A festival that is slightly more sedate, relatively better dressed, but equally up there on the strangeness scale is The Hokkai Heso Matsuri at the end of July in Furano, Hokkaido. Having started in 1969 it is a relatively new festival, meaning that whilst it doesn’t quite have the gravitas, at least its meaning is not lost to the mists of time. As Furano is in the very center of Hokkaido, and the Heso (belly button) is the center of the body, what better way to bring the citizens of this slightly far flung city together than to gather together, paint faces on their abdomens, and have a big dance? Has to be seen to be believed.
From the bizarre to the spectacular, The Yamayaki Matsuri (literally burning mountain festival) in Nara city is something that takes the breath away. Popular folklore has it that the festival has its origins in a dispute over the boundaries of two of the city’s most famous temples: Kofuku-ji and Todai-ji. The story has it that in 1760 a mediator was brought in and the centre of the dispute – Mt. Wasakusa – was set on fire. (Another theory is that the fire was set to clear out wild boars, but that’s less fun.) Today, each January, following a fireworks display the grass of the mountainside is set ablaze, a sight that can be seen all over the city. For a similar experience, check out the Daimonji Festival in Kyoto.
The island of Miyajima in Hiroshima prefecture is one of the most beautiful and tranquil places in the country (if you can ignore the hordes of tourists, that is). From the free-wandering deer to the sublime Itsukushima Shrine, it is quite breathtaking. However, in August it becomes even more dazzling as its Water Fireworks Festival takes place. Over 300,000 visitors turn up to snap pics of the 5,000 fireworks casting a gorgeous silhouette of the its ‘floating’ torii gate.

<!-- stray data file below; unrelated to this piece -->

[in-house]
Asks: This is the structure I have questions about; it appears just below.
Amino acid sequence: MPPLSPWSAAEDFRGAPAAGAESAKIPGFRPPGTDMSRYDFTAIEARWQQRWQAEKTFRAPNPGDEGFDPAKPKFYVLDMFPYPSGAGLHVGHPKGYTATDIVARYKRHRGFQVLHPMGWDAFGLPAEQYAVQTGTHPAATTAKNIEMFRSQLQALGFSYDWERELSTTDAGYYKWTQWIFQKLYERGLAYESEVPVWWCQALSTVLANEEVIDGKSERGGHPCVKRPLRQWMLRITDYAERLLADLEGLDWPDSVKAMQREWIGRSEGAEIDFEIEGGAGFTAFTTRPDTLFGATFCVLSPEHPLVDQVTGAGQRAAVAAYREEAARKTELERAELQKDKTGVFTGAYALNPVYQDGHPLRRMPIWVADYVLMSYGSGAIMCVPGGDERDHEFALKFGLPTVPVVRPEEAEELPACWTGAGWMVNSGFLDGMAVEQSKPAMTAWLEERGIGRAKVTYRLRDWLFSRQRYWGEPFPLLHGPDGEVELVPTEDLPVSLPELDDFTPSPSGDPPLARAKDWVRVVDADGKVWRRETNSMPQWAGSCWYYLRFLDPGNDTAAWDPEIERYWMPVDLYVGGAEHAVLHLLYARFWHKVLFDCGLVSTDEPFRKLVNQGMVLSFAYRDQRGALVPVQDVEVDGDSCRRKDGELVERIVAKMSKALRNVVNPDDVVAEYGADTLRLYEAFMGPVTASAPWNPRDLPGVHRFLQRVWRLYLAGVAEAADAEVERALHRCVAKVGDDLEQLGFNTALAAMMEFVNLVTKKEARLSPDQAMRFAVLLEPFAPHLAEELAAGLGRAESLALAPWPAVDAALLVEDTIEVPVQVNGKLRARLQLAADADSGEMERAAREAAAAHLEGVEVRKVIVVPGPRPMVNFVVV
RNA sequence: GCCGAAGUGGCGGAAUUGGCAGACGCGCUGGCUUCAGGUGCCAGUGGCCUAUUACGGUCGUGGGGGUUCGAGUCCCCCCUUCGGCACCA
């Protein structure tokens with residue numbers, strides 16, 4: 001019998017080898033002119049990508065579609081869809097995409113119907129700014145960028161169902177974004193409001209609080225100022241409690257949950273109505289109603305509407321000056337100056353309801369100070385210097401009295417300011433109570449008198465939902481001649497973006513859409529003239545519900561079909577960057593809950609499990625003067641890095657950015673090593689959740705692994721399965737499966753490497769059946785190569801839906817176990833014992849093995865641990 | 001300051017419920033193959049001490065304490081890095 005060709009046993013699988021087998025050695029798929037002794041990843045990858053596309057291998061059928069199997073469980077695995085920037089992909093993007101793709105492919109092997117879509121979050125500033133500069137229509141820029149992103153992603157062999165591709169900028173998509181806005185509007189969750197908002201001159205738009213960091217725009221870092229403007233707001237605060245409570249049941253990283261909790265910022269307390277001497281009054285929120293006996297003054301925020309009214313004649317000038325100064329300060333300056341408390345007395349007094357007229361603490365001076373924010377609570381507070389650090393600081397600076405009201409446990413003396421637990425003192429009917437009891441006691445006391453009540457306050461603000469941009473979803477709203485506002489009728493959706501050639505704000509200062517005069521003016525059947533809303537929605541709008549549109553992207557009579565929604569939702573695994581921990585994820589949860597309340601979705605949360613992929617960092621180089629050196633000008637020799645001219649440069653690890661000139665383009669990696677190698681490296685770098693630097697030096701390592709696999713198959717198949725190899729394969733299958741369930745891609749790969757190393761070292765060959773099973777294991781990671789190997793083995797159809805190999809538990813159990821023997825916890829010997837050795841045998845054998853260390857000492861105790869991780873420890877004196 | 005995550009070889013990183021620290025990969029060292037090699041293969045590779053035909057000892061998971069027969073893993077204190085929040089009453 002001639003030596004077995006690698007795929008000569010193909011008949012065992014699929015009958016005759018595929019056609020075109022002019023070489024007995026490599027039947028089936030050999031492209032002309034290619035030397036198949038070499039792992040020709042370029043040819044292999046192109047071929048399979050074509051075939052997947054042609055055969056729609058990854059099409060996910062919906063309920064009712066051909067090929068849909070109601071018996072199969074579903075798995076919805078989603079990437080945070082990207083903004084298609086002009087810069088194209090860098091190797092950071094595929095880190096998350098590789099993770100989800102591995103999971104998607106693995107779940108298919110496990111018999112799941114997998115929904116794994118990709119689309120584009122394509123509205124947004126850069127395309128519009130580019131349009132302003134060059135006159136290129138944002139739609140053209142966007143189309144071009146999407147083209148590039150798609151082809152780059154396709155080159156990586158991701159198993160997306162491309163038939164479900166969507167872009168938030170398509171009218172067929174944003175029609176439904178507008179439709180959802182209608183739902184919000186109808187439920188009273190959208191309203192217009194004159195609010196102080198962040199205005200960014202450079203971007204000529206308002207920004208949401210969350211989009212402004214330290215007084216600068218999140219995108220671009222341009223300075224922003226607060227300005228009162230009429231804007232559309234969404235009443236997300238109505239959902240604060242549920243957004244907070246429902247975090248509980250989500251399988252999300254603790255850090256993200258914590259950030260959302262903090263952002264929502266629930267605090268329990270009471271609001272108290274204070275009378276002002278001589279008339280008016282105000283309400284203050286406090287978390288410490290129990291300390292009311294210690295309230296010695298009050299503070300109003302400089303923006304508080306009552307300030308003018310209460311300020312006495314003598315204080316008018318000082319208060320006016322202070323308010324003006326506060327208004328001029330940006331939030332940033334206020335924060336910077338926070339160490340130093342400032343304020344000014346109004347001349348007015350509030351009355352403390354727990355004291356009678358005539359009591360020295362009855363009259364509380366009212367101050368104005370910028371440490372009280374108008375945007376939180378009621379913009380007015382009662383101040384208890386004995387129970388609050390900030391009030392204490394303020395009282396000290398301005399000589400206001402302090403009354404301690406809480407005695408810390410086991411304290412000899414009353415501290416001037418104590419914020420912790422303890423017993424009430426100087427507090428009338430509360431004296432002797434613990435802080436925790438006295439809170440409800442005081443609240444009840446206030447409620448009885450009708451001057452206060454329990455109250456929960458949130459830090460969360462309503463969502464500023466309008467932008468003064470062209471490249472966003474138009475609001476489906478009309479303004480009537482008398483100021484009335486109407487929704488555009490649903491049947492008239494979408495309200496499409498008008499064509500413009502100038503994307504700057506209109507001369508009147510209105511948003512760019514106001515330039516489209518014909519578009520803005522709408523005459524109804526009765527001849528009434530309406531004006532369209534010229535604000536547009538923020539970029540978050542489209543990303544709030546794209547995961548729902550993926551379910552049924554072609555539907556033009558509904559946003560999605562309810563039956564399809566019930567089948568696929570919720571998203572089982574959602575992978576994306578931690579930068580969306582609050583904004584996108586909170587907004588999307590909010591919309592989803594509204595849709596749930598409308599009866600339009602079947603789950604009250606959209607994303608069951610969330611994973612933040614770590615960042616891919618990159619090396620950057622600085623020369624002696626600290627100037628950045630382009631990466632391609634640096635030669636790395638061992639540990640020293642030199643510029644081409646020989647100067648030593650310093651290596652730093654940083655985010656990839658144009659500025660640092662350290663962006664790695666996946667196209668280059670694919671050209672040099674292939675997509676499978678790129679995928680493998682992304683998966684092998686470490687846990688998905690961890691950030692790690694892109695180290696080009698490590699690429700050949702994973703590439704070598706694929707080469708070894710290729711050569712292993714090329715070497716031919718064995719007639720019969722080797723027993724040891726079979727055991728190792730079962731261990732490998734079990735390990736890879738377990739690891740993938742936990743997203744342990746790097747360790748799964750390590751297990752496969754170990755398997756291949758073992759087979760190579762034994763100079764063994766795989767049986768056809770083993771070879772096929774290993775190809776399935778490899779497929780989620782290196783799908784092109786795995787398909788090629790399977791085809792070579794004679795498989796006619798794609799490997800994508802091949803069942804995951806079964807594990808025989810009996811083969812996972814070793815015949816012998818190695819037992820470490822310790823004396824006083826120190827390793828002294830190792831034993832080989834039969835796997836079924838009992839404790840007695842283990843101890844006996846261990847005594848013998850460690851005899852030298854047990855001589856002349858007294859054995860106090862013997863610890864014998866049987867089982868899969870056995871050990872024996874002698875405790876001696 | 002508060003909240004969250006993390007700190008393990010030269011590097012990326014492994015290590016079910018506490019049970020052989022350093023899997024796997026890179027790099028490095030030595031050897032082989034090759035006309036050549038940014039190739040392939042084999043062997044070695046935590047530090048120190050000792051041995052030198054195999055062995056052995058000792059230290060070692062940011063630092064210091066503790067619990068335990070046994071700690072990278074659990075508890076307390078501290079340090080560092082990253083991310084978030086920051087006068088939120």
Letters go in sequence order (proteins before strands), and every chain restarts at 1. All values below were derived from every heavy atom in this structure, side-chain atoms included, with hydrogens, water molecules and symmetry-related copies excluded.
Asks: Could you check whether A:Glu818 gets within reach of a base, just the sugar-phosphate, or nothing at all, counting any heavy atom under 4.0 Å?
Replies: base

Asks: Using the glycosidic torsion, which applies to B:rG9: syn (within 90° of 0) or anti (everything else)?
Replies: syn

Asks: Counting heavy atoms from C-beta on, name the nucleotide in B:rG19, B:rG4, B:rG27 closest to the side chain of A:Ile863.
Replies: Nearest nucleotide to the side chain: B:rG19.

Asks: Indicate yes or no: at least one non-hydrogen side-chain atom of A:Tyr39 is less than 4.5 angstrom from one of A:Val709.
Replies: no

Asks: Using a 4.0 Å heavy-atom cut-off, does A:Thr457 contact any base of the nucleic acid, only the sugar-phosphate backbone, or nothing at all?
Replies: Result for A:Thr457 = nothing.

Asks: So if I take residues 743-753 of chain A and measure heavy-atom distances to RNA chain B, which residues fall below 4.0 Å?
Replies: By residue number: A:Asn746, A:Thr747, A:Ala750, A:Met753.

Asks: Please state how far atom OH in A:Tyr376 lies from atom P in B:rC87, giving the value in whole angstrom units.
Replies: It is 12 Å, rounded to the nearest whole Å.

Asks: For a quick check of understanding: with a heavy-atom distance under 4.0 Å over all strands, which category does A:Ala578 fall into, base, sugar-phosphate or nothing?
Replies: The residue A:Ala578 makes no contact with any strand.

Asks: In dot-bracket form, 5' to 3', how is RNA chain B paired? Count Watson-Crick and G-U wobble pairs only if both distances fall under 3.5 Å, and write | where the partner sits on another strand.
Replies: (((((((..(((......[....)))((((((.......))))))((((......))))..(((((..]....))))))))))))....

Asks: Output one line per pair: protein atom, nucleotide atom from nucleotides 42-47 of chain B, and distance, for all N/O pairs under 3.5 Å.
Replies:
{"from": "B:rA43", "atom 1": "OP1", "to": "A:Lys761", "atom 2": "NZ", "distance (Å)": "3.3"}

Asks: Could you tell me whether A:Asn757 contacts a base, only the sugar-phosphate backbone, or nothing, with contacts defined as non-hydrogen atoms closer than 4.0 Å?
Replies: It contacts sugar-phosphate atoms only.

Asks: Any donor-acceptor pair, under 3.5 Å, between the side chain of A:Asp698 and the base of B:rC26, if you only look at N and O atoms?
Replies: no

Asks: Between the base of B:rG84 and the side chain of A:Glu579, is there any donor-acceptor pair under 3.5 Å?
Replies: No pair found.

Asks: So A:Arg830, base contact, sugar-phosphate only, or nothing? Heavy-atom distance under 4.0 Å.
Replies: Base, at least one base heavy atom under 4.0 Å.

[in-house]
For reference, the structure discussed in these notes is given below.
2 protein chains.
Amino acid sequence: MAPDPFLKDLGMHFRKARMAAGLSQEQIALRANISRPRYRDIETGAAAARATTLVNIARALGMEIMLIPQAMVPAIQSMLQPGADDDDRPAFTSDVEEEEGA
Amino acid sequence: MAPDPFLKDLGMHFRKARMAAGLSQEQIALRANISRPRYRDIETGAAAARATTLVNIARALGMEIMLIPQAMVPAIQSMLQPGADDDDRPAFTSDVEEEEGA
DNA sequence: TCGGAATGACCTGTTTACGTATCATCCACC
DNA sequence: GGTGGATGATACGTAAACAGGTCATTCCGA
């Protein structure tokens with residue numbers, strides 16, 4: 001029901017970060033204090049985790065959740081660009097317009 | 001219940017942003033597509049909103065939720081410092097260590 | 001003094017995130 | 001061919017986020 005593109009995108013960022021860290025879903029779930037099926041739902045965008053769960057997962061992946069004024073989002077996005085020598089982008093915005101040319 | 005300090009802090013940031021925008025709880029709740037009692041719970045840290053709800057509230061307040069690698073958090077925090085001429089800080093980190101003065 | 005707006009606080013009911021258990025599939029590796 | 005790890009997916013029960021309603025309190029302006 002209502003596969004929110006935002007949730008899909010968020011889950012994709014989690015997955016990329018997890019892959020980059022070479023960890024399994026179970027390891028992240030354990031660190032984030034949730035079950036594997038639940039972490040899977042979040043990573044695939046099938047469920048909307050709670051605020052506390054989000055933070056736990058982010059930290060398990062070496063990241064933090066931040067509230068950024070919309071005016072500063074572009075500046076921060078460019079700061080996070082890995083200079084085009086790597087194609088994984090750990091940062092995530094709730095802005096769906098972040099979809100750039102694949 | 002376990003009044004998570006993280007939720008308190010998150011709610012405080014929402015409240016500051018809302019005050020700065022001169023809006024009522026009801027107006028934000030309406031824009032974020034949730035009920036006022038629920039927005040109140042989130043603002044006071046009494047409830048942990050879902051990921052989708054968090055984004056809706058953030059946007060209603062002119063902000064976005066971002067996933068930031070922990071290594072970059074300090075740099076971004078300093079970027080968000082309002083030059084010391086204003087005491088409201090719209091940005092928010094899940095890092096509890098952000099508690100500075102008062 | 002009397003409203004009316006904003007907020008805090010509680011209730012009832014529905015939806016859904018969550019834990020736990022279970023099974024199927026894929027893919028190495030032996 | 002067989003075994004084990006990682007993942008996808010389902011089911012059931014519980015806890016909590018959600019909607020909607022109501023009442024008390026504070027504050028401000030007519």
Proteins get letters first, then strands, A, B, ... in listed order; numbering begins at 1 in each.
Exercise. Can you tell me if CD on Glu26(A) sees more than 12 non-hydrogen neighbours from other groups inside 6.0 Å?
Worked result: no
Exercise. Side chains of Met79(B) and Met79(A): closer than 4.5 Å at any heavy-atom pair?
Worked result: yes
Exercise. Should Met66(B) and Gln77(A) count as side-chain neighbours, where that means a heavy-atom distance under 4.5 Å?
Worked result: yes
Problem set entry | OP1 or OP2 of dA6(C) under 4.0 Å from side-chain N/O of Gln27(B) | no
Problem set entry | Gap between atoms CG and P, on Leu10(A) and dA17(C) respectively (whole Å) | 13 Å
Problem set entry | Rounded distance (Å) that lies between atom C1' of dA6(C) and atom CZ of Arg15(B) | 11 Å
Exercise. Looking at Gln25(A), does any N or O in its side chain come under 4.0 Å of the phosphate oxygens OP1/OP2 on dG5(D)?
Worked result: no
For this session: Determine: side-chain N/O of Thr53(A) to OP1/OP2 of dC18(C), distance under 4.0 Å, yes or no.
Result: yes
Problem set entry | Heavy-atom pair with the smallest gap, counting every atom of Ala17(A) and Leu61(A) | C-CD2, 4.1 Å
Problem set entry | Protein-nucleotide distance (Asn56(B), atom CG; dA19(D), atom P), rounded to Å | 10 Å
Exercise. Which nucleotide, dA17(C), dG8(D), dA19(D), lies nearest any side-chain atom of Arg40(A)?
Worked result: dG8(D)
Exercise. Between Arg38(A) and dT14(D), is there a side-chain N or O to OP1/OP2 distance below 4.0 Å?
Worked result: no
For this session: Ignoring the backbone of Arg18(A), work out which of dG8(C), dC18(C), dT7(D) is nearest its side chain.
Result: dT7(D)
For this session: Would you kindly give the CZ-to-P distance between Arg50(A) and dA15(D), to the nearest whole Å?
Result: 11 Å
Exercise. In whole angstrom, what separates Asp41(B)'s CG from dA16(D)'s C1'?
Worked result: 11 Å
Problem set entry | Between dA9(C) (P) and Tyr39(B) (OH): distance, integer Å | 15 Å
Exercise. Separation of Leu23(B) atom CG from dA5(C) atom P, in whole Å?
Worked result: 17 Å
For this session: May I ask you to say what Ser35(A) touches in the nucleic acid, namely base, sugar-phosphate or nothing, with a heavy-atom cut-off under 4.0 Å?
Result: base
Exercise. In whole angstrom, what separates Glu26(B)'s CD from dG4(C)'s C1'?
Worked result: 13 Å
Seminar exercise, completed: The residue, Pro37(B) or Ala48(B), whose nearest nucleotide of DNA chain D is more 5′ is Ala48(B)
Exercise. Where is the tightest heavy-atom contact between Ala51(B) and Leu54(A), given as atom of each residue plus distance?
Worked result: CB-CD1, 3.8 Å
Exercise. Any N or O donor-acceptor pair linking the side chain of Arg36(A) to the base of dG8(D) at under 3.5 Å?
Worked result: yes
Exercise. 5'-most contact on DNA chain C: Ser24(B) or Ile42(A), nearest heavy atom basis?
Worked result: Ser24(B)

Keeping things elemental is the Fukagawa Hachiman Matsuri, one of the three largest festivals of Edo. As the summer in the capital city heats up, we all feel the need to cool down, and the Gods are no different. This festival sees 500,000 people cheer on 30,000 participants as they carry 53 ‘mikoshi’ portable shrines through the city. As they lug the 2,500 kilogram (5,500 pound) shrines around, tossing them in the air to show their strength, gallons of water are cannoned at the mikoshi from a crowd that includes hose-toting firemen. It is essentially a half-million person water fight.
In my elementary school days, one of the Sports Day events was a tug-of-war in which one class pitted their strength against another. It always ended in chaos with kids sprawled around the floor. But that was nothing in comparison with the Great Tug-of-War in Okinawa’s city of Naha. Here up to 250,000 people watch 15,000 competitors – half from the east side of the city, half from the west – battle to pull the immense rope (200m in length, 1.5m in diameter and weighing 40 tons, mentioned in the Guinness World Records as the world’s largest straw rope) 15 metres over a 30 minute duration. The team who pulls the furthest wins, and has the right to hack the rope to bits and take it home as a keepsake.
Image: www.telegraph.co.uk by EPA – Modified
Image: flickr.com "ALX_9518" by Alex Aw (CC BY-NC-SA 2.0) – Modified
Image: flickr.com "Fukagawa Hachiman Matsuri 2014 53" by Hideya HAMANO (CC BY-NC-SA 2.0) – Modified